If you're a street-food lover like me, another thing you'll brake for in Austin is one of the more than 1,000 food carts, trucks and trailers. I practically cause an accident when I spy the converted shipping container called La Boite Cafe while heading to a vintage shop on South Lamar and pause for excellent coffee and macaroons.

Another evening, my sister and I meet friends at an Indian-food trailer ingeniously called G'Raj Mahal. With tile tables under tarps, heat lamps, ceiling fans and table service, it's more like an outdoor restaurant. Inside the silver trailer are cooks and a tandoor. Outside, a wild bike-art sculpture from Austin Bike Zoo stretches out like a giant skinless snake on wheels. Our fresh and spicy cheap meal includes saag paneer, lamb vindaloo, chaat papri, garlic naan and our BYOB wine.


That night, my friend Tanya leads us to her candidate for weirdest Austin attraction: a bar in the Allandale section called Lala's Little Nugget, where the slogan on T-shirts tacked to the wall proclaims "Christmas cheer all year" and the decor includes a sparkling tree, candy canes, strings of lights and 1950s photo of a woman sitting on Santa's lap.

Drinks run just a few bucks each, served by a sixtysomething bartender whose attention is a little hard to get. Granted, she and her colleague are fending off a crowd of hipsters, many no doubt drawn by the place's many awards from the weekly Austin Chronicle: Best Neighborhood/Dive Bar, Best Bar to Relive Your Childhood, Best Improvement in Bathroom Decor, Best Bar Crawl With Easy Parking, Best Dancing Elves, Best Puppets on a Pulley. Those last two must both be referring to the little elf figures on wires over the bar; when the men's bathroom door opens or closes, they bounce up and down over patrons' heads, as chestnuts such as "Dream a Little Dream of Me" play on the retro jukebox.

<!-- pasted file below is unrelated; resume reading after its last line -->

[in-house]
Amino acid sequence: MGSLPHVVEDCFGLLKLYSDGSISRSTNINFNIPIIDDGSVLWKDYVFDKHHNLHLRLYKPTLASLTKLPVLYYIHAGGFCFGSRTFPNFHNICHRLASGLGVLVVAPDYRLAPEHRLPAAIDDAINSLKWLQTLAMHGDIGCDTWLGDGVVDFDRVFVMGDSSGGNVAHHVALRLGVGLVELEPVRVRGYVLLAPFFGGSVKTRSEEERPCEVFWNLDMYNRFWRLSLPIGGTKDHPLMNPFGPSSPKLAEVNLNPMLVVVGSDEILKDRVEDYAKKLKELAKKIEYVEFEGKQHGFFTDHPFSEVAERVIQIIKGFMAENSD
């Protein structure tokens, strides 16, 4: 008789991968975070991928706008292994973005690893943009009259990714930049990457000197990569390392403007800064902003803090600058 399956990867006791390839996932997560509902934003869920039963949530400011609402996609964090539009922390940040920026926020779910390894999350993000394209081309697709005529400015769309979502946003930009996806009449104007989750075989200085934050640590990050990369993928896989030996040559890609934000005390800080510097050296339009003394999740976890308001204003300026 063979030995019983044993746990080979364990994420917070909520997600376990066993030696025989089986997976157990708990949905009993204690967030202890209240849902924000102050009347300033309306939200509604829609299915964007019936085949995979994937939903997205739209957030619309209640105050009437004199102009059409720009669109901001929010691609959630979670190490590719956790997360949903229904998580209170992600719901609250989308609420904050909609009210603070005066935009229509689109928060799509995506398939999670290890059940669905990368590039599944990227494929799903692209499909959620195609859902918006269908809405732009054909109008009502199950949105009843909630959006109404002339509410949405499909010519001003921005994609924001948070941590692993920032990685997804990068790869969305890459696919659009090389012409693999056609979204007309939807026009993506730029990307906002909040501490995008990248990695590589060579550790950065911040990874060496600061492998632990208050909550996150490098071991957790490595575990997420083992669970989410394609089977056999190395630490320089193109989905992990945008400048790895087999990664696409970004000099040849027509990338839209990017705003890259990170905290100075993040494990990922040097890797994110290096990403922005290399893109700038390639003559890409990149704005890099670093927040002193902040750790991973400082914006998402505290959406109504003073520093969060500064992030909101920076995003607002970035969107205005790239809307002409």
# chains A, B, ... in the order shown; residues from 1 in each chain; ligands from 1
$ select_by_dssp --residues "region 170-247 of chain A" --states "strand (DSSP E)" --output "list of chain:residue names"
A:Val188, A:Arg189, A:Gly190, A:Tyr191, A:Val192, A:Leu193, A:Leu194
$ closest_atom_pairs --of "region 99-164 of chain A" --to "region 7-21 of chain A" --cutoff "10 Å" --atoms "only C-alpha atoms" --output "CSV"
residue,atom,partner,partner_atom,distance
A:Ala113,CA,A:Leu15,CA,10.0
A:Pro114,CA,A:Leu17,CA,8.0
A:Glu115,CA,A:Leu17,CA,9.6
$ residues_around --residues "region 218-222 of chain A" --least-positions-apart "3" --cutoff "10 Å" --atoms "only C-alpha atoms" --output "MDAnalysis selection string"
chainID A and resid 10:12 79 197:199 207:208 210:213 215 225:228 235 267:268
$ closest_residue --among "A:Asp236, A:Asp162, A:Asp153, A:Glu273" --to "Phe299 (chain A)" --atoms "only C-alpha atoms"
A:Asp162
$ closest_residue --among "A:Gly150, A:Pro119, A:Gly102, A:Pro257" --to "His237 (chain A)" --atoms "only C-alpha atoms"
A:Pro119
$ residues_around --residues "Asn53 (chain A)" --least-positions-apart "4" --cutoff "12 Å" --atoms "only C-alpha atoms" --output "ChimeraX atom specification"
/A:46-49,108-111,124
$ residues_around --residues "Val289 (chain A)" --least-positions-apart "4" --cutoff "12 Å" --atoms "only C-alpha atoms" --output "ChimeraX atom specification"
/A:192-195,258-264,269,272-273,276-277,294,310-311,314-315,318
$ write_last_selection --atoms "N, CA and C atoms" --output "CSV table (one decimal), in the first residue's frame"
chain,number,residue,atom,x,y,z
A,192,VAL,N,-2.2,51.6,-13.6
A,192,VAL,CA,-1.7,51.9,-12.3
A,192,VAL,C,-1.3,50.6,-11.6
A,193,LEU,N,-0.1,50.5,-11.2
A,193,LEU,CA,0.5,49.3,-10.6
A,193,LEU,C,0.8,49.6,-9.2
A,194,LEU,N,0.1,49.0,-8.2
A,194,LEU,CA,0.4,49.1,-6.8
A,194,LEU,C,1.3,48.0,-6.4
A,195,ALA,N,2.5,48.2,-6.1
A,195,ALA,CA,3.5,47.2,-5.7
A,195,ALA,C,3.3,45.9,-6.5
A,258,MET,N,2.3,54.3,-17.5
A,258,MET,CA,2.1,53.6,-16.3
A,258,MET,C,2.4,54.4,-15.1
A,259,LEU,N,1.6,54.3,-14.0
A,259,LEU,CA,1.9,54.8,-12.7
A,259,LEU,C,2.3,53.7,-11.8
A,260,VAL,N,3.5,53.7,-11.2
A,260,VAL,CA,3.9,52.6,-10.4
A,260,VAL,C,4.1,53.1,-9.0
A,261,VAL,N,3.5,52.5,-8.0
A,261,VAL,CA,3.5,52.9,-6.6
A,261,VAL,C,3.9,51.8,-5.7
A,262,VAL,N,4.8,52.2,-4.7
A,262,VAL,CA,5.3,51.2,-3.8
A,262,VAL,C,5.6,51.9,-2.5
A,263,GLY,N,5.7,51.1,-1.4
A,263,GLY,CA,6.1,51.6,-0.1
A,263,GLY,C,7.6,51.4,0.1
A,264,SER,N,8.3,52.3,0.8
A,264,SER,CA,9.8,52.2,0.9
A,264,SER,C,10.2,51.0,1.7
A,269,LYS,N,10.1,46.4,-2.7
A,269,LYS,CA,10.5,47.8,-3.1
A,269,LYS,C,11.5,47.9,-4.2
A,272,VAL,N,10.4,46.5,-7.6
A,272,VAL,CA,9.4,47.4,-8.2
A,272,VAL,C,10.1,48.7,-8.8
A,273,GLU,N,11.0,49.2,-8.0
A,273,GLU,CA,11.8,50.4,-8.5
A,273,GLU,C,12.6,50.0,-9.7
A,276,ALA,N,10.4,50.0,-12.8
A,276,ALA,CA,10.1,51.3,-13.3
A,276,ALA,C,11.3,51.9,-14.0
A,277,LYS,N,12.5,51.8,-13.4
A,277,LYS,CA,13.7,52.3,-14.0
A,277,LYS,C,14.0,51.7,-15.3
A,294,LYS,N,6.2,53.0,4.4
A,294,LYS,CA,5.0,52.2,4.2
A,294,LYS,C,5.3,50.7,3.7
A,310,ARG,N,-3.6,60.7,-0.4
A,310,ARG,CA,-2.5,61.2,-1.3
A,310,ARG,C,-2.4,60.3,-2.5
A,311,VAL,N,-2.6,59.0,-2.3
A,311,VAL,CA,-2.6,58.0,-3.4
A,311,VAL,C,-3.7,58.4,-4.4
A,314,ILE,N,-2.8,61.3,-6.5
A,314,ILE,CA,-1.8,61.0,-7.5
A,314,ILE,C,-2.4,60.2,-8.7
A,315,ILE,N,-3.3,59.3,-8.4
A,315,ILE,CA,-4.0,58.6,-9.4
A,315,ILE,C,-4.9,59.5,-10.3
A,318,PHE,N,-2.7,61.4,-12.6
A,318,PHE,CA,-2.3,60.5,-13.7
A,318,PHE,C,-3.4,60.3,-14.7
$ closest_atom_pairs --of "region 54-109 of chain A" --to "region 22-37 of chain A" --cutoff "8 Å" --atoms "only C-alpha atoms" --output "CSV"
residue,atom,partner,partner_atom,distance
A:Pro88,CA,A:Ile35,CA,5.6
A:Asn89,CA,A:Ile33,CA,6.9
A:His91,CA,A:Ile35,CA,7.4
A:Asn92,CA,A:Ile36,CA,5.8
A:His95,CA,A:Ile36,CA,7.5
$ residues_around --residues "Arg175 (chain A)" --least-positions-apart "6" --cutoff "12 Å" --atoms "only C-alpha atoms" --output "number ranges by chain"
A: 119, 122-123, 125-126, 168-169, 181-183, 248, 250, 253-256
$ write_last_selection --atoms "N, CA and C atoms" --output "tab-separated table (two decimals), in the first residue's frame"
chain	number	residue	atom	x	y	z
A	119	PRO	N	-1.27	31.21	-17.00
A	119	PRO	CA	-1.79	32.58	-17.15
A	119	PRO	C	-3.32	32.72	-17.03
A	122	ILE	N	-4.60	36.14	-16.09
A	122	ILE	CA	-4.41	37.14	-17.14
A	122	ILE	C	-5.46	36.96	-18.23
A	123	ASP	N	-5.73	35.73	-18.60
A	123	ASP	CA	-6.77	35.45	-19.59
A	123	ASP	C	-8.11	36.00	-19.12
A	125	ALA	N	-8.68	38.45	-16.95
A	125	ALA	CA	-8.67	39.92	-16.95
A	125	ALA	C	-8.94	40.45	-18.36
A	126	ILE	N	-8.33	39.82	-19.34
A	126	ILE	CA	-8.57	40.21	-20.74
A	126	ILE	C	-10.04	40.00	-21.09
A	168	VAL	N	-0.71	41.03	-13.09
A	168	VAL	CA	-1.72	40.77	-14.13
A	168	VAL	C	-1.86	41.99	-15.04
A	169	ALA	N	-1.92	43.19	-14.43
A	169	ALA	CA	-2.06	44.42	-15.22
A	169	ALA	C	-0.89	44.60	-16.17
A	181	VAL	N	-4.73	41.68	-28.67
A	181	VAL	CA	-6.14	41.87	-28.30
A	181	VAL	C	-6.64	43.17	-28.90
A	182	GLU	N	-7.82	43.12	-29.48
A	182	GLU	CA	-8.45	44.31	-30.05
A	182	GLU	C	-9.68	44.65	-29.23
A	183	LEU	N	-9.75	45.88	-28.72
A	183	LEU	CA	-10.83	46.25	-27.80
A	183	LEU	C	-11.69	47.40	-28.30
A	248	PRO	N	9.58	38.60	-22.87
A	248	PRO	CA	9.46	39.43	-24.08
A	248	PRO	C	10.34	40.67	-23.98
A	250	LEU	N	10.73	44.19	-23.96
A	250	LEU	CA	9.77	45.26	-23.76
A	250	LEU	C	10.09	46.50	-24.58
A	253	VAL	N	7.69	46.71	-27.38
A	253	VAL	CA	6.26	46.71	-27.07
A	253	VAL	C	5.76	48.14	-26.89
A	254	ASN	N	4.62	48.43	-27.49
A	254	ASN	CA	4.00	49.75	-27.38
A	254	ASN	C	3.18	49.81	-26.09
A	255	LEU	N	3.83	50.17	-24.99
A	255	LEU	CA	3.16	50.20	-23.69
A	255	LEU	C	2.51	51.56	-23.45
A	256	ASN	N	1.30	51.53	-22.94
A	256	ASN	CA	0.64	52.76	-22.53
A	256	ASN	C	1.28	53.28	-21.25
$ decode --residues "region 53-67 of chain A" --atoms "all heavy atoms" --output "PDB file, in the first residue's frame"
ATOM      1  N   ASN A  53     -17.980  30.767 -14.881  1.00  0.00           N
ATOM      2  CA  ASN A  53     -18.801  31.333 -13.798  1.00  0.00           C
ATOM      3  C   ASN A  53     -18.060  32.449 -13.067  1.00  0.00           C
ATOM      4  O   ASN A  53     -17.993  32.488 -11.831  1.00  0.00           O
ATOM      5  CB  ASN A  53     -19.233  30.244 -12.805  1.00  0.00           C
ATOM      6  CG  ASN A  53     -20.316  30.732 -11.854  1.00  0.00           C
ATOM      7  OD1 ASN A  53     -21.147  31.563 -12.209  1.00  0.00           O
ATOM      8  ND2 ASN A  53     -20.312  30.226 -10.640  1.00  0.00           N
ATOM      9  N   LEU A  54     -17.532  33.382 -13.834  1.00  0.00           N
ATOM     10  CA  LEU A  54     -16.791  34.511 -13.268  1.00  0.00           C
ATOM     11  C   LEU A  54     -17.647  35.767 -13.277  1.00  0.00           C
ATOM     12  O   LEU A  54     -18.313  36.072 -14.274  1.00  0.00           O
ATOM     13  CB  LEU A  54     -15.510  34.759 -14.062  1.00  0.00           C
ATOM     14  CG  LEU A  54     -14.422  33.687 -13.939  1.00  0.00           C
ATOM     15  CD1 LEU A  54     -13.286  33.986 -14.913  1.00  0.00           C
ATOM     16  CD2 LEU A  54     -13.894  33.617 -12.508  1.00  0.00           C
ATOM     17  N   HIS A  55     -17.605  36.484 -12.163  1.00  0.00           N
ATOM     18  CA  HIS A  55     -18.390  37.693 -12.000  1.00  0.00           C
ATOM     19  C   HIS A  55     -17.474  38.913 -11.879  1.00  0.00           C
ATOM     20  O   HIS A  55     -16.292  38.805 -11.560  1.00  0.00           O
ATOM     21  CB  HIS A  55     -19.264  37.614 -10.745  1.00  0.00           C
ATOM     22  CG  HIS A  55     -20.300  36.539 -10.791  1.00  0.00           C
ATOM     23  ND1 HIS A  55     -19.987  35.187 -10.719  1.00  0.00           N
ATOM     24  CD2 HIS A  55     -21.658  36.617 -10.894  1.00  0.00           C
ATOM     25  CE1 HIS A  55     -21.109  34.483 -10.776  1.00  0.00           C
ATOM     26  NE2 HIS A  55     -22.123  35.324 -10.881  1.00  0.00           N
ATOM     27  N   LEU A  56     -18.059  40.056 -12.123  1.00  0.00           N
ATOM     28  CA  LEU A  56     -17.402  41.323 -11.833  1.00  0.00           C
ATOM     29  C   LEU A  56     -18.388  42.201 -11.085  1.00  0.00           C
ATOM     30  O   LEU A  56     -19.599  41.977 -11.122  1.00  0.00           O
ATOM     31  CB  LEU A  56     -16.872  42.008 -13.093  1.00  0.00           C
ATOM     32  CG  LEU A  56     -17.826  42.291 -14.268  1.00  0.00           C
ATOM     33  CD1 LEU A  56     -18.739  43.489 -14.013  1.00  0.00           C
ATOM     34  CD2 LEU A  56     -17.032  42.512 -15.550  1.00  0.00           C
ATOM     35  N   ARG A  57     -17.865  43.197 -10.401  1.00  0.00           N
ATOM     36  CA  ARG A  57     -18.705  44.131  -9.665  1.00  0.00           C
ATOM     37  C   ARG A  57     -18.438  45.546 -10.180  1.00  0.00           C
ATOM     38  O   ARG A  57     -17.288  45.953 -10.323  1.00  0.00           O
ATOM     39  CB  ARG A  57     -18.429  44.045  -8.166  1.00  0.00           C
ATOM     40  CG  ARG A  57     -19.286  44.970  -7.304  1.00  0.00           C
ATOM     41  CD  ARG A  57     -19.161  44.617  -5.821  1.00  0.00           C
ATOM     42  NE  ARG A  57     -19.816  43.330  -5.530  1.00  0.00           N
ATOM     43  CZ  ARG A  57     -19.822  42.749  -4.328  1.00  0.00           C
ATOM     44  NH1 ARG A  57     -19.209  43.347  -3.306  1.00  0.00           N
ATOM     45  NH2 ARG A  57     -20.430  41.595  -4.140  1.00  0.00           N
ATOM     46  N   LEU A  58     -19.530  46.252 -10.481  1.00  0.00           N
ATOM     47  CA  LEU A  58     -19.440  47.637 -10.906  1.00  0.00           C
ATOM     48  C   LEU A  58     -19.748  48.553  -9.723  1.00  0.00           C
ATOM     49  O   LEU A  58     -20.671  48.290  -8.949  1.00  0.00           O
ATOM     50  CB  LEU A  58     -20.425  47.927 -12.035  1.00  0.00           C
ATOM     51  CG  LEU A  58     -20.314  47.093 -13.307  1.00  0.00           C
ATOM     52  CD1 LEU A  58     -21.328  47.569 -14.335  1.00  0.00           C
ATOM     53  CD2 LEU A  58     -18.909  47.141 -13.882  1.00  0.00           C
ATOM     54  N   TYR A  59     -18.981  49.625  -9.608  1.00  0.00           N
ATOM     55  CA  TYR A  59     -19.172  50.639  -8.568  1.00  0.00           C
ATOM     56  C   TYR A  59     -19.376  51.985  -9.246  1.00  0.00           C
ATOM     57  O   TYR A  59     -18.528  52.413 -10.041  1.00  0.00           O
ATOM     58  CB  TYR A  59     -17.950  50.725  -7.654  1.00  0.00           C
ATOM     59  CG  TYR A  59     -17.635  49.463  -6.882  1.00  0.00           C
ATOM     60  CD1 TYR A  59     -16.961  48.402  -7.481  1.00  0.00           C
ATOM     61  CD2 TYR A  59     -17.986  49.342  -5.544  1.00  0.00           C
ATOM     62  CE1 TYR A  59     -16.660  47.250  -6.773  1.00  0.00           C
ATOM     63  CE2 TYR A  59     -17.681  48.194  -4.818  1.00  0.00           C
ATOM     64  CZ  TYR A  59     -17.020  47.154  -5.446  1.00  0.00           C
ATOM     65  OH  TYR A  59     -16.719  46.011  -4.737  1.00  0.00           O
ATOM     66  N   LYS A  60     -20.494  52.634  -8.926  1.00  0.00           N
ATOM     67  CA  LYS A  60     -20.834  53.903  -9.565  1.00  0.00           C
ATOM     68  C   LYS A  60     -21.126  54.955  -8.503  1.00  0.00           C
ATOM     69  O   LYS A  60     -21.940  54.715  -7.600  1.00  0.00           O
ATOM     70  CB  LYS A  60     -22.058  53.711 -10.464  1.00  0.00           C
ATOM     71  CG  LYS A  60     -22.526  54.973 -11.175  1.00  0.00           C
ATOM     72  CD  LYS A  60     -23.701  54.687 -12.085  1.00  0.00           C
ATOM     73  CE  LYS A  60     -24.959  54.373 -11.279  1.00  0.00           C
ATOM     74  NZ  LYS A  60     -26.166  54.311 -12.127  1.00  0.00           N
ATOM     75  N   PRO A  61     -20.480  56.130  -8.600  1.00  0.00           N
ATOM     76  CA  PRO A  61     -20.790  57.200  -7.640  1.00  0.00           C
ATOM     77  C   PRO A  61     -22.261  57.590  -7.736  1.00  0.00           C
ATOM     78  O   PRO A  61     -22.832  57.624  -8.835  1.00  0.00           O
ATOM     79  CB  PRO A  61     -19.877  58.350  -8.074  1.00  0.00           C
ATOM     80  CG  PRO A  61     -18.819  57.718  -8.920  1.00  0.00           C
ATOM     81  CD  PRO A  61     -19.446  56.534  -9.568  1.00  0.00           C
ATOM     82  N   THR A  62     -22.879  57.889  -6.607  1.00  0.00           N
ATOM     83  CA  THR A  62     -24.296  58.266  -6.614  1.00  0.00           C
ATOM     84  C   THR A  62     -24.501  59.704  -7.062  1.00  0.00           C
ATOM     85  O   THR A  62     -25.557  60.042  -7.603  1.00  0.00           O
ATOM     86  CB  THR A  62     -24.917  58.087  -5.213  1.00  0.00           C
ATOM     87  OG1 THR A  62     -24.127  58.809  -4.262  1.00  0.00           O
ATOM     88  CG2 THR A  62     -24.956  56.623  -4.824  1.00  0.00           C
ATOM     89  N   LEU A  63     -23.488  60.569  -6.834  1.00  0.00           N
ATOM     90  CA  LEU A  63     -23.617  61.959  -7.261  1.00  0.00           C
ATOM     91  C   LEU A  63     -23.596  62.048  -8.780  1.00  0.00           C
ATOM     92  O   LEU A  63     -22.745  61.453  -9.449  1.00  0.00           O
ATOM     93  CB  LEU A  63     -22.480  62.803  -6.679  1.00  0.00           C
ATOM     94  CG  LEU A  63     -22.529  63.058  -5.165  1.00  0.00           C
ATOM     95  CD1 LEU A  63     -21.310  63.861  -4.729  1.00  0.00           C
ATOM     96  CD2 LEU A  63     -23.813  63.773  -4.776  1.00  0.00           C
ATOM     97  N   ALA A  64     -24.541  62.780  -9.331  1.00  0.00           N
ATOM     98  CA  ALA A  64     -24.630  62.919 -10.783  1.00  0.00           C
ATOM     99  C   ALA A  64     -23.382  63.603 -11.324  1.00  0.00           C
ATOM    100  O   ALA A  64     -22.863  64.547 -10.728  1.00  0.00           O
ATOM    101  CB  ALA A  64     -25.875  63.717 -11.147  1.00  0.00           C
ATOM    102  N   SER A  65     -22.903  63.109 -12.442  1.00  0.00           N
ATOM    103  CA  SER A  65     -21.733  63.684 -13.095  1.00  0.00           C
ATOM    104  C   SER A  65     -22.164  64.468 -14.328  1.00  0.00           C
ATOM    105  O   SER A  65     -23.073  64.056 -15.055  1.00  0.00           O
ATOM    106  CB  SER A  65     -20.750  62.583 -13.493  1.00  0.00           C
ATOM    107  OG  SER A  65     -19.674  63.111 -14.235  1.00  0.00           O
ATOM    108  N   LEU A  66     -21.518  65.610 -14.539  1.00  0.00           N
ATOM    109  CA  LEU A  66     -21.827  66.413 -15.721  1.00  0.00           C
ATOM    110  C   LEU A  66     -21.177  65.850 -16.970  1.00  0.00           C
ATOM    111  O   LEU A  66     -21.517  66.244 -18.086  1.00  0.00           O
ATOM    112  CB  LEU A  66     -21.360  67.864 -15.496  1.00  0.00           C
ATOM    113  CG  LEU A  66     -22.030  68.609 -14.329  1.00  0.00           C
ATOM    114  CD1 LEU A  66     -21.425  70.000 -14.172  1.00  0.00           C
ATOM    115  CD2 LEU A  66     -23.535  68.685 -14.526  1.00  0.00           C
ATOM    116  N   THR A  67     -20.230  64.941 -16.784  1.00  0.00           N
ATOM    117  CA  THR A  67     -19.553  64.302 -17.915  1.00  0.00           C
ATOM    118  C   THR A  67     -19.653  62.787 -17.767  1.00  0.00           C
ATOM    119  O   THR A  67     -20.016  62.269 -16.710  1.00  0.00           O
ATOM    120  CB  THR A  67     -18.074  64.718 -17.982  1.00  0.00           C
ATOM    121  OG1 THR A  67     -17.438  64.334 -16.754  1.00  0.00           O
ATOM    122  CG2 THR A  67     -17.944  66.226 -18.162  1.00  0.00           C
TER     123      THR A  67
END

Internet accounts say that Lala's decor is a tribute to a husband who died around the holidays, but owner Frances Lala, 80, tells me later that's bunk. When the place opened four decades ago, in October, "the walls were really bare, so we decorated for Christmas," she says. "Then when we took it down in January, we said, 'Uh-uh,' and we put it all right back up. It's been that way ever since."
Does it qualify as weird? Lala doesn't like the phrase. "Kids today, I don't understand their language sometimes," she says. "When I was growing up, a dive bar was a place a lady didn't go. And I don't know what they mean by weird, I really don't."

I explain that the word is trying to describe a quirky, independent spirit. "Oh," she says. "I think we got that here, sure."

In fact, there's enough of that spirit throughout the city that I find myself thinking not about my favorite '80s-era landmarks that are no more, but about the quirkiness that has survived, and keeps coming anew. When I return in June, I'm heading to Ginny's Little Longhorn Saloon for some live music and a few rounds of chicken-poop bingo, and I'm making an appointment to see the Miraculous Weeping Crocodile at the Museum of Natural and Artificial Ephemerata.

So much weirdness, so little time.


If you go:

Where to stay: Park Lane Guest House, 221 Park Lane (512-447-7460, 800-492-8827; One room in the main house and three cottages. Rooms start at about $150, cottages at about $200.

Hotel San Jose, 1316 S. Congress Ave. (512-444-7322, 800-574-8897; A 1939 motor court transformed into the hippest lodging in town. Shared-bath rooms from $95, private bath from $160.